Why the Yen is Strong
By Marc Chandler
Japan’s economy has recovered from after three consecutive quarters of contraction. The recovery is sharp but is likely to be short-lived with much of the pent up demand satiated and new disruptions in the form of the floods in Thailand and the fragility of the world economy.
The yen and the Swiss franc were seen as safe haven currencies during the tumultuous crisis in Europe. The Swiss National Bank has effectively and apparently cheaply took the franc out of the game. This may have increased some speculative pressure toward the yen.
Yet dismissing the yen’s strength as speculative in nature makes analysis superfluous. It misses the underlying imbalance that the yen’s strength reflects.
To begin, one needs to recognize that Japan’s current account surplus is not driven by exports
or the trade balance. In fact, using the balance of payments, Japan recorded a current account surplus of about JPY8.5 trillion ($110 bln) in the Jan-Sept period this year. The real driver of the current account surplus is the income from investments. This was JPY10.5 trillion in the same period, meaning that the other components of the current account balance (e.g. trade,, transfers) were a modest deficit.
In addition to the import of capital through its current account, foreign investors bought JPY16 trillion of Japanese stocks, bonds and bills in the Jan through Sept period. Together this is JPY26.5 trillion of capital inflows.
Japanese investors have exported JPY7.1 trillion of portfolio capital over the same period. The other components, including net speculative positions captured in the CFTC data and the margin positions in Tokyo as well as direct investment and assistance do not fundamentally change this picture. The fact that Japan is importing more capital than it is exporting offers insight into the yen’s persistent strength.
This critical imbalance also sheds light on the BOJ’s intervention. There have been three clear intervention operations this year. There has been talk of more covert intervention, but let’s reserve judgment about it. All told BOJ intervention is estimated at JPY15.2 trillion, with a little more than half conducted on October 31.
The BOJ’s intervention was a recycling operation. It was not recycling its trade surplus as had been the case in the 1980s and 1990s. It was recycling its capital surplus. Private sector investors either could not or would not export sufficient capital; the BOJ filled the breach. Even with the BOJ intervention, the JPY26.4 trillion inflow is offset by JPY22.3 trillion outflow, still suggesting some imbalance remains.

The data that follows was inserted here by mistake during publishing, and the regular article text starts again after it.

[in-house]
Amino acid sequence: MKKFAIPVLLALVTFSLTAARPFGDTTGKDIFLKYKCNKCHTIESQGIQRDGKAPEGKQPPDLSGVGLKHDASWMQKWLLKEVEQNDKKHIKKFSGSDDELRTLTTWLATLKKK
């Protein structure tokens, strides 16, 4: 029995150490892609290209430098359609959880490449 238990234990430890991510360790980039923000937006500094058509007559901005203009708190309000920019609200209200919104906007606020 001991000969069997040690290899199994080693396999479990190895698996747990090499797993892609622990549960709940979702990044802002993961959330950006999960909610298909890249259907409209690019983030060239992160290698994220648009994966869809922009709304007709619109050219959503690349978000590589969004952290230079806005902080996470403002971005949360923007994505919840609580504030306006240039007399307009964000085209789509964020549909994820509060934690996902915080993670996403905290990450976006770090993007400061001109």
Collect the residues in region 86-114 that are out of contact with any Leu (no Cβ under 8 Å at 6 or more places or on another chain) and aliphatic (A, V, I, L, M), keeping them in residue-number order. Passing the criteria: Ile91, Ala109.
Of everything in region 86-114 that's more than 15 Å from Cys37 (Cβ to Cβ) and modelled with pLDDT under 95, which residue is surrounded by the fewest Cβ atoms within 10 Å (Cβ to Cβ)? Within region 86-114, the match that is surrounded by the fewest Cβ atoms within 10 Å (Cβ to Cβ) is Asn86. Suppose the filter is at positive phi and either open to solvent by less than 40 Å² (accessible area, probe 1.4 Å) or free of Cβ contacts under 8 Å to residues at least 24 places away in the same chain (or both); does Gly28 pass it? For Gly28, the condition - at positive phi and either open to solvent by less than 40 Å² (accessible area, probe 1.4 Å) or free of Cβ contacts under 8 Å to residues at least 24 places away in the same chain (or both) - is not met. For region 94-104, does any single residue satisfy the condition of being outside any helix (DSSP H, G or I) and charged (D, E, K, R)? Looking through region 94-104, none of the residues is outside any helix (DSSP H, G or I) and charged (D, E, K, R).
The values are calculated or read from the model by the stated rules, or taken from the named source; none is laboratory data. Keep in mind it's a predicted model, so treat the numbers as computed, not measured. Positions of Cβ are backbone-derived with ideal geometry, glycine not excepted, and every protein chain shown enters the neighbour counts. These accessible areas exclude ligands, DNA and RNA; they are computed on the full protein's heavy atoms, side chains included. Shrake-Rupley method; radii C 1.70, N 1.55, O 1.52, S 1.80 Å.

Given that the yields are non-existent, foreign demand for Japanese bills could be a function of two other considerations. One is that it is a place to park funds before deploying them. The second is the bill is wanted as a way to profit from yen appreciation. Under the former hypothesis, one would expect the a positive correlation between the demand for bills and the demand Japanese bond and stocks. That was the case for most of last year and the first quarter of this year.
Under the second hypothesis, if foreign purchases of Japanese bills is a way to play the yen, then one might expect an inverse correlation. This has been the case since the first quarter. Since 2005, which is as how far back as Bloomberg has the data, the correlation has been more inverse than it is now only a few times.
How have Japanese investors responded to the record intervention at the end of last month? Since then Japanese investors have sold about JPY2 trillion of foreign bonds, stocks and bills. It is almost as if Japanese investors took advantage of the BOJ inspired pullback in the yen to repatriate investment. It is almost as if Japanese investors absorbed a quarter of the BOJ’s intervention, adding to the dilution of the effect.
Of course, this brief note cannot be the final word. It seeks to shed light on the mystery of the yen’s strength. It points to part of the current account and capital account where the key imbalance lies now rather than in the trade account previously. Simply put Japan has to recycle its investment income and the foreign investors purchases of Japanese assets; otherwise the yen appreciates.
There are other factors but they are either small or wash each other out. This analysis suggests upward pressure may remain on the yen and, although the BOJ has intervened in unprecedented scale, it may not have been sufficient to correct the imbalance. That said these figures may give a sense of precision that is not really there. Finally, the note suggests a path of official action that could be more effective and less costly than intervention and that is a small nudge/tweak of the incentive structure for foreign investors to buy Japanese bills.